BioSpace.com

Biotech and Pharmaceutical
News & Jobs
Search the Site
 
   
Biotechnology and Pharmaceutical Channel Medical Device and Diagnostics Channel Clinical Research Channel BioSpace Collaborative    Job Seekers:  Register | Login          Employers:  Register | Login  

NEWSLETTERS
Free Newsletters
Archive
My Subscriptions

NEWS
News by Subject
News by Disease
News by Date
PLoS
Search News
Post Your News
JoVE

CAREER NETWORK
Job Seeker Login
Most Recent Jobs
Browse Biotech Jobs
Search Jobs
Post Resume
Career Fairs
Career Resources
For Employers

HOTBEDS
Regional News
US & Canada
  Biotech Bay
  Biotech Beach
  Genetown
  Pharm Country
  BioCapital
  BioMidwest
  Bio NC
  BioForest
  Southern Pharm
  BioCanada East
  US Device
Europe
Asia

DIVERSITY

INVESTOR
Market Summary
News
IPOs

PROFILES
Company Profiles

START UPS
Companies
Events

INTELLIGENCE
Research Store

INDUSTRY EVENTS
Biotech Events
Post an Event
RESOURCES
Real Estate
Business Opportunities

 News | News By Subject | News by Disease News By Date | Search News
eNewsletter Signup
Miles
Km80.5

   

University of California, Los Angeles (UCLA) and Sound Pharmaceuticals, Inc. Identify a Key Hearing Regeneration Protein in the Human Inner Ear


2/25/2011 7:10:26 AM

SEATTLE, Feb. 24, 2011 /PRNewswire/ -- In collaboration with scientists and clinicians from the University of California Los Angeles, scientists from Sound Pharmaceuticals have found p27Kip1 to be expressed in the adult and aged human inner ear including the auditory and vestibular sensory organs. In the adult human inner ear, the pattern of p27Kip1 expression was restricted to the nuclei of supporting cells in the organ of Corti, the sensory organ that controls hearing, and the utricle and cristae, two sensory organs that control balance. These findings are identical to what has been observed and reported in neonatal and adult rodents, further validating p27Kip1 as a key regeneration target in the deafened mammalian inner ear. The fact that p27Kip1 was expressed in the supporting cells of the aged human cochlea from patients over 80 years old suggests that p27Kip1 is still working to suppress proliferative regeneration throughout life and is an appropriate drug target to stimulate supporting cell and hair cell regeneration. These findings were presented at the 34th Annual Midwinter Meeting of the Association for Research in Otolaryngology held this week. This work was supported by the National Institute on Deafness and Other Communication Disorders and the Office of Naval Research.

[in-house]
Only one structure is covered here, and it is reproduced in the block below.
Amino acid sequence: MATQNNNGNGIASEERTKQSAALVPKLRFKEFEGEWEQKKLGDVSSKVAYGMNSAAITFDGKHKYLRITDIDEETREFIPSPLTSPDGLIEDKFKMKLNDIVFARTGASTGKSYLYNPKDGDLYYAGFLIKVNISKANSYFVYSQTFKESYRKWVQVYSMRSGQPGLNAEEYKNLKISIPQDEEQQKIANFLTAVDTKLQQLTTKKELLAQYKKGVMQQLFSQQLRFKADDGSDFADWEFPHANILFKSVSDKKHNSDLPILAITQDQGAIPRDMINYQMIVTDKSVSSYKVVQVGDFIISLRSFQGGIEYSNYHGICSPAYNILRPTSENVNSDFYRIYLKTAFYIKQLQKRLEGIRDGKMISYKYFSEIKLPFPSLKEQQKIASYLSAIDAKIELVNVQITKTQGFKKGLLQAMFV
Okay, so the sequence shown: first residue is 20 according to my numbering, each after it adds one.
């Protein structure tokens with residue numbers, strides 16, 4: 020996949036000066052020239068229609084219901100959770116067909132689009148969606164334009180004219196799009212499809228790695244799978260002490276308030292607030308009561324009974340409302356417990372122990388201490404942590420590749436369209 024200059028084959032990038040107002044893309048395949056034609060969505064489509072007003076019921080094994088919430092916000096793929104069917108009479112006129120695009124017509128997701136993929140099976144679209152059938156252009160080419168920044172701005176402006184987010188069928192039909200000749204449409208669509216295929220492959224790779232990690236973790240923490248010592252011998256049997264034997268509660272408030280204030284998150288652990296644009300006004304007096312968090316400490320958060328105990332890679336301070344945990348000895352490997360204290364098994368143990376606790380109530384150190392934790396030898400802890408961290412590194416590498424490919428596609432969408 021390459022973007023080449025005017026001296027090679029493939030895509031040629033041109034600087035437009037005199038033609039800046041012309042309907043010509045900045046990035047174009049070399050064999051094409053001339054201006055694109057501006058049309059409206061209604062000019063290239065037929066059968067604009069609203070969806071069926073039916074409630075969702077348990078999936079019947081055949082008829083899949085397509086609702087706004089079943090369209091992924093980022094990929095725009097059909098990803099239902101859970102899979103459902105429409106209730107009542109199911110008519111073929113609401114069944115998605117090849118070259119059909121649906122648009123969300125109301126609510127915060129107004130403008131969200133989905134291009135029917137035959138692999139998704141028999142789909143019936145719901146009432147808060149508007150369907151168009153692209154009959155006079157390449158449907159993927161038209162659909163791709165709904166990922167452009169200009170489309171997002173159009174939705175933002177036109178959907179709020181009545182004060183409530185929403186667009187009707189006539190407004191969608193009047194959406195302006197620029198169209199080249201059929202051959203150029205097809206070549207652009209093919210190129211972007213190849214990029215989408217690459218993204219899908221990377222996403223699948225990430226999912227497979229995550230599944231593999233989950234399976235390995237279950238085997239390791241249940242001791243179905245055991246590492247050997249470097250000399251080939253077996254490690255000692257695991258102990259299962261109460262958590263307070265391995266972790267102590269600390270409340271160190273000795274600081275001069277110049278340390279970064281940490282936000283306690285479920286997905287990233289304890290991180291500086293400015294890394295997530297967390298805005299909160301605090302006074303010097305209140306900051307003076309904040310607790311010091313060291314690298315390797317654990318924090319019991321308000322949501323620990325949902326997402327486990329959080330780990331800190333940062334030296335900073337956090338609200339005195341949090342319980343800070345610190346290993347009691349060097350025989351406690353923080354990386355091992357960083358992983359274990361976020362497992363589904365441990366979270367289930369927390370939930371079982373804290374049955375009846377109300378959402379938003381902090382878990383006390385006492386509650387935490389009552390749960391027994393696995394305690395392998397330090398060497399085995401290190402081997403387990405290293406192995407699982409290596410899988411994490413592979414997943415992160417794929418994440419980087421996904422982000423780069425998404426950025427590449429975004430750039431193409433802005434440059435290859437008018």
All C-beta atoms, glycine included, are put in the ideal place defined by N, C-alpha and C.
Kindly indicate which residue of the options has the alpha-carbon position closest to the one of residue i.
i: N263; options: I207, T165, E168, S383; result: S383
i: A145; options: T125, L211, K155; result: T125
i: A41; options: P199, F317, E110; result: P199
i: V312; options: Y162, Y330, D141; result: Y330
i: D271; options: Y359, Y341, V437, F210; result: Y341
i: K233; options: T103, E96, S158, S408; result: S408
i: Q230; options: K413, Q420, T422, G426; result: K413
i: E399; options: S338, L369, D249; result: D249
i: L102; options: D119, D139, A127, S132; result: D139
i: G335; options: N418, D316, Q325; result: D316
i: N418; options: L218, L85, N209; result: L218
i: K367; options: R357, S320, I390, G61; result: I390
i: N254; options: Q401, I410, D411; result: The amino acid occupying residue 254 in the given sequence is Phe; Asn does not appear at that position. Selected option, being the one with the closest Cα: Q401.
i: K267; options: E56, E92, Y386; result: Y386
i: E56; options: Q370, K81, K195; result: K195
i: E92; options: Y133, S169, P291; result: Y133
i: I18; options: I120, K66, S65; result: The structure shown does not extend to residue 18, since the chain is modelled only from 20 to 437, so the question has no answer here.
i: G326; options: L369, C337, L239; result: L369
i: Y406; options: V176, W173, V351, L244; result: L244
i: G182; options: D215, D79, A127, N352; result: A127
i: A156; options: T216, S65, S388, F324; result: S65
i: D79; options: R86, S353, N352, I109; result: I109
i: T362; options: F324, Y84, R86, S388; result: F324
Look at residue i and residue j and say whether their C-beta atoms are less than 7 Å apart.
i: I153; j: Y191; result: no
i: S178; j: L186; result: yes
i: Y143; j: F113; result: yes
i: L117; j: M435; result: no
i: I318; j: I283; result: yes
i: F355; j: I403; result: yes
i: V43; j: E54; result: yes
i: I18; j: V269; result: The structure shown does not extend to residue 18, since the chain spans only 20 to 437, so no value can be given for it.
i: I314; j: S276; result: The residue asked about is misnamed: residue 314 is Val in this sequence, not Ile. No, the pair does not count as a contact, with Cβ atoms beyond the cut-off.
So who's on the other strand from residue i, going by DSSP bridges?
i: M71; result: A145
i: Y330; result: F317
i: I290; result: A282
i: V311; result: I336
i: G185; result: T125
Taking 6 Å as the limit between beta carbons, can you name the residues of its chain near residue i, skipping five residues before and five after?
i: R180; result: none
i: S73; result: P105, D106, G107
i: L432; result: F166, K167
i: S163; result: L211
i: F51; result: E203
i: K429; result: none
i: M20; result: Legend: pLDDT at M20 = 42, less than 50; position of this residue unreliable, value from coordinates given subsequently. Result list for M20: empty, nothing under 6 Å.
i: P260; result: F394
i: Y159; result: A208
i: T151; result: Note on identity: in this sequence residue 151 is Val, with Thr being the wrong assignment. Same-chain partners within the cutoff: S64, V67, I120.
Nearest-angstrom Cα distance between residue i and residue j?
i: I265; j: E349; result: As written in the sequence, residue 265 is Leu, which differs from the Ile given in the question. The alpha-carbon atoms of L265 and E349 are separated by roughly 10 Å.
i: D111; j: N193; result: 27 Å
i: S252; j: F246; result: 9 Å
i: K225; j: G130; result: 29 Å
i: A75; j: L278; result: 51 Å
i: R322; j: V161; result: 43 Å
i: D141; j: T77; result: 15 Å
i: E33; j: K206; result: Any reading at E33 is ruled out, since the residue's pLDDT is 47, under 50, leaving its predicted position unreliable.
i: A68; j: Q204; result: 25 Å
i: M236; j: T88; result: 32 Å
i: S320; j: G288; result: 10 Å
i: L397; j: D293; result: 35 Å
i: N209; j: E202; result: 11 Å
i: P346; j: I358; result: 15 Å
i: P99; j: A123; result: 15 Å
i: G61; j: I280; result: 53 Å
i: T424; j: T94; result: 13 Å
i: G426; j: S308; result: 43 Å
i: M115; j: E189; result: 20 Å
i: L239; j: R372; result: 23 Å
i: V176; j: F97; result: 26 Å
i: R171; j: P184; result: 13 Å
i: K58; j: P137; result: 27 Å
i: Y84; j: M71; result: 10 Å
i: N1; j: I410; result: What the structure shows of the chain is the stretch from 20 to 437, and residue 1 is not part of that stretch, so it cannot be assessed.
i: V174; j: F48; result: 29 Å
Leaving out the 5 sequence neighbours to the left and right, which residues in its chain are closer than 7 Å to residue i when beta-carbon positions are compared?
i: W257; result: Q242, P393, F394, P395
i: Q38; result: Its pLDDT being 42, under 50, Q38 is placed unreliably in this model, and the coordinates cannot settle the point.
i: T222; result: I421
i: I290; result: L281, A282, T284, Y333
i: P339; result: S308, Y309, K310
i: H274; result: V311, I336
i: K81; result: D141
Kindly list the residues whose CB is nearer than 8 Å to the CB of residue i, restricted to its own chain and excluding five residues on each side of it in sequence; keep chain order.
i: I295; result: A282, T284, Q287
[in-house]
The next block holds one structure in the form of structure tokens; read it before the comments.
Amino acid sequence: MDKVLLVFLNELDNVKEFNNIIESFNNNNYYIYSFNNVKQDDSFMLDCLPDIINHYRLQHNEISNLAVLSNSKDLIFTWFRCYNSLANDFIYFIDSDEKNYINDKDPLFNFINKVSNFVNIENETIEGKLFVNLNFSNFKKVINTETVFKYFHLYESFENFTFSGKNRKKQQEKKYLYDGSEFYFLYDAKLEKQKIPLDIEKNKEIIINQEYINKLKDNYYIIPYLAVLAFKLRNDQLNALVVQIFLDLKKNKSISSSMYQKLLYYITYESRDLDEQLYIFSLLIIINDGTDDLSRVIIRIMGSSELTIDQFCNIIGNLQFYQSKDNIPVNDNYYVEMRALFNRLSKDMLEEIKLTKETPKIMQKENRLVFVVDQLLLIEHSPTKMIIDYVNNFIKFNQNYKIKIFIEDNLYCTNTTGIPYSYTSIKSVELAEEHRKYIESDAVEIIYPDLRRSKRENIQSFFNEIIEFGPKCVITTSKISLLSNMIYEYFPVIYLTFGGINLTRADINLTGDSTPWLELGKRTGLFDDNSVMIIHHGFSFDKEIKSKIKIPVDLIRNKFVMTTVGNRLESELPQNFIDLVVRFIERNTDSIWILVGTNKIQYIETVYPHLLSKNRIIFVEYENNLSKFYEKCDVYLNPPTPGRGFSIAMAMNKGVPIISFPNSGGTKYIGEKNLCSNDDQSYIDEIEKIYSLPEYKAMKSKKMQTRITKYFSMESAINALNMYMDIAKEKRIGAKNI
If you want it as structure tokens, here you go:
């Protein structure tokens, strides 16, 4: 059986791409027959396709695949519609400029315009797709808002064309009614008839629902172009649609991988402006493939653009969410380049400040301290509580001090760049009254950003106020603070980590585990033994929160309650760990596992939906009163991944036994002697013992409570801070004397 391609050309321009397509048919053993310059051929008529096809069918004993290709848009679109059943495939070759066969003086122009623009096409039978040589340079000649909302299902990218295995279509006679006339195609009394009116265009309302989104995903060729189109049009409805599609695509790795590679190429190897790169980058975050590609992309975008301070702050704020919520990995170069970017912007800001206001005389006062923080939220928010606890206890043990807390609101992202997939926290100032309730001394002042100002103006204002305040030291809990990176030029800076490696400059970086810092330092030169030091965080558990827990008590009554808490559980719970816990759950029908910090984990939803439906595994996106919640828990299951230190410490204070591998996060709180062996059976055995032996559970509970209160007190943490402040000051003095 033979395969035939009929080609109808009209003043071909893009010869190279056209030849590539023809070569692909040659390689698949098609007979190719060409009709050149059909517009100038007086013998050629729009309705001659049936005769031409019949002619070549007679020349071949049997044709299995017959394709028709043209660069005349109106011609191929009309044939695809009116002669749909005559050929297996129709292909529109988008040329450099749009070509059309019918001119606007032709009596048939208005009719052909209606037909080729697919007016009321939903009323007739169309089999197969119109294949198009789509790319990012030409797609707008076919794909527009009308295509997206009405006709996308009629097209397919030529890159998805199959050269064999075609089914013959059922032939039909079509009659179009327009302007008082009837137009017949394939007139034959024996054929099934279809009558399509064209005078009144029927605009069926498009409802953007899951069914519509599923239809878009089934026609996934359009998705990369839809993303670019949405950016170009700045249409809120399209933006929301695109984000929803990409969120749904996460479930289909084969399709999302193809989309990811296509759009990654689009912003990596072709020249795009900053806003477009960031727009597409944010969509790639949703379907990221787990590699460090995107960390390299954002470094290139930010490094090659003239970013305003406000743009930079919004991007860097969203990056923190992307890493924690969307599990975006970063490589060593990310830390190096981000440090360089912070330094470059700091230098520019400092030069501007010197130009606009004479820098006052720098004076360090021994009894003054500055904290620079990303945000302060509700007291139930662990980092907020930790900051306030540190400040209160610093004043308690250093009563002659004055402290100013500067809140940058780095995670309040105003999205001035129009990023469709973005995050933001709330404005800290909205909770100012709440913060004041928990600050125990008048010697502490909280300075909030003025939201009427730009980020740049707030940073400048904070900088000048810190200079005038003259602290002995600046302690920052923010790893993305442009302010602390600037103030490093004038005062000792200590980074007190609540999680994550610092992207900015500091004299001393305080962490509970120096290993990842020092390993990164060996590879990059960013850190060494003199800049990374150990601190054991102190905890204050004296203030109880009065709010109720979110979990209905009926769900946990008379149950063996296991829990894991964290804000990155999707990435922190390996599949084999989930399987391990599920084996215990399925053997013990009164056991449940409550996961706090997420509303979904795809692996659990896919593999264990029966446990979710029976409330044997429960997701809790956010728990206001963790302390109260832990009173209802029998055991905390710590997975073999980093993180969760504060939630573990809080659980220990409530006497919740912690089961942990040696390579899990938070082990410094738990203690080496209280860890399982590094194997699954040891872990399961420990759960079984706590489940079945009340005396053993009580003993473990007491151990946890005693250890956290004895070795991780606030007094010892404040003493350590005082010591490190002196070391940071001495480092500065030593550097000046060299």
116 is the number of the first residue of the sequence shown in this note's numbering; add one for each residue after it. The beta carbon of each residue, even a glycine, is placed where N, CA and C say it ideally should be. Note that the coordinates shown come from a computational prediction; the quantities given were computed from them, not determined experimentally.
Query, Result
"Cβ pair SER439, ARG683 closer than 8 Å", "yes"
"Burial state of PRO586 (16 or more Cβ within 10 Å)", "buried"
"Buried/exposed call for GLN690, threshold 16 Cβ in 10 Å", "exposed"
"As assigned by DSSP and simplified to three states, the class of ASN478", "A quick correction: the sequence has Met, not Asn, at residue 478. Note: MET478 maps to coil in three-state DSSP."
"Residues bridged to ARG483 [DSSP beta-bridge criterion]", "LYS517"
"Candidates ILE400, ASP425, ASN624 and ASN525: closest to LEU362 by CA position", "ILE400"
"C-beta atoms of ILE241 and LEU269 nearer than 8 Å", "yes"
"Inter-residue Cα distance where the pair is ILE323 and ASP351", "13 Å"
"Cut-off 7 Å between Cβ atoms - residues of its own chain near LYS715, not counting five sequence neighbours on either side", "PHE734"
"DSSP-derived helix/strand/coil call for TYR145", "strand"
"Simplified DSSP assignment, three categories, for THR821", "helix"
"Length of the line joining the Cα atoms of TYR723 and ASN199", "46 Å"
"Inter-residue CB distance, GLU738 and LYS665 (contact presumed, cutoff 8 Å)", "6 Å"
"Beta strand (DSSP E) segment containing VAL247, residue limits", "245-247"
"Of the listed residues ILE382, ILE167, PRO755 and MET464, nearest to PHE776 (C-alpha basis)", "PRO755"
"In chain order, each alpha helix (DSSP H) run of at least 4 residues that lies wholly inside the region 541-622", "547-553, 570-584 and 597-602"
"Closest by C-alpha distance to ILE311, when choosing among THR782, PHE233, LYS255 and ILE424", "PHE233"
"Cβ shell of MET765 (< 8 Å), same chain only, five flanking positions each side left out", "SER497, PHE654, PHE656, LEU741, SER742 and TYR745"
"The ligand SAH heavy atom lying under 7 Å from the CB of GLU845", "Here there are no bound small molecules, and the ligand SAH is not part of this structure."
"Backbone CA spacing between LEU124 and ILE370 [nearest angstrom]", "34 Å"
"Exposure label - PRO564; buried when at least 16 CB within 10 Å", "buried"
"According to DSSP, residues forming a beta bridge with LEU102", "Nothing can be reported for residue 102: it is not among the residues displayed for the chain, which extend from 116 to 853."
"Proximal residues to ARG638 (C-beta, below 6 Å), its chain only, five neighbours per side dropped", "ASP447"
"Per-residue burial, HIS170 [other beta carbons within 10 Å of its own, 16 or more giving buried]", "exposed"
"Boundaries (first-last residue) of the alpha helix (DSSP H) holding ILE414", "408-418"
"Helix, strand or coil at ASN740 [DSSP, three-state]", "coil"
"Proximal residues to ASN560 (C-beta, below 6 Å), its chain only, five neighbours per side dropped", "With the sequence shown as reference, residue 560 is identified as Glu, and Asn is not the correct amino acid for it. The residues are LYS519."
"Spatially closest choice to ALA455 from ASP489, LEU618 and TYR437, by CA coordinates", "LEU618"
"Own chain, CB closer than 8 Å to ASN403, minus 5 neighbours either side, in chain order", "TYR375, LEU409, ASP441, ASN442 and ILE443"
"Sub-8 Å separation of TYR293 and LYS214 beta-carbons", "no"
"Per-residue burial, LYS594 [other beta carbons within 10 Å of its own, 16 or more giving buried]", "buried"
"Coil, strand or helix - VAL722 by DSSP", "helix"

SPI is developing a proprietary technology for regenerating cells within the inner ear of mammals as a means to restore auditory function to the hearing impaired or deaf. By inhibiting p27Kip1, a cyclin dependent kinase inhibitor or CKI, supporting cell and auditory hair cell regeneration is stimulated in adult mice and Guinea pigs that were previously exposed to intense noise or ototoxic drugs. This novel proliferative and regenerative ability is absent in adult mammals, resulting in permanent and often progressive sensorineural hearing loss, the most common communication disorder and neurologic disease. Current development is focused on the local injection of an inhibitor of p27Kip1 (a p27 siRNA) into the cochlea of deafened adult mammals five weeks after the establishment of permanent hearing loss. The ultimate goal of this novel CKI inhibition technology is to restore hearing to the severe or profoundly impaired.

Sound Pharmaceuticals, Inc. is a privately held biopharmaceutical company with a focus on developing the first drugs for hearing loss and brain injury. For more information please contact Jonathan Kil, MD, President and CEO, 206-634-2559 or visit www.soundpharma.com.

SOURCE Sound Pharmaceuticals, Inc.



Read at BioSpace.com

   

ADD TO DEL.ICIO.US    ADD TO DIGG    ADD TO FURL    ADD TO STUMBLEUPON    ADD TO TECHNORATI FAVORITES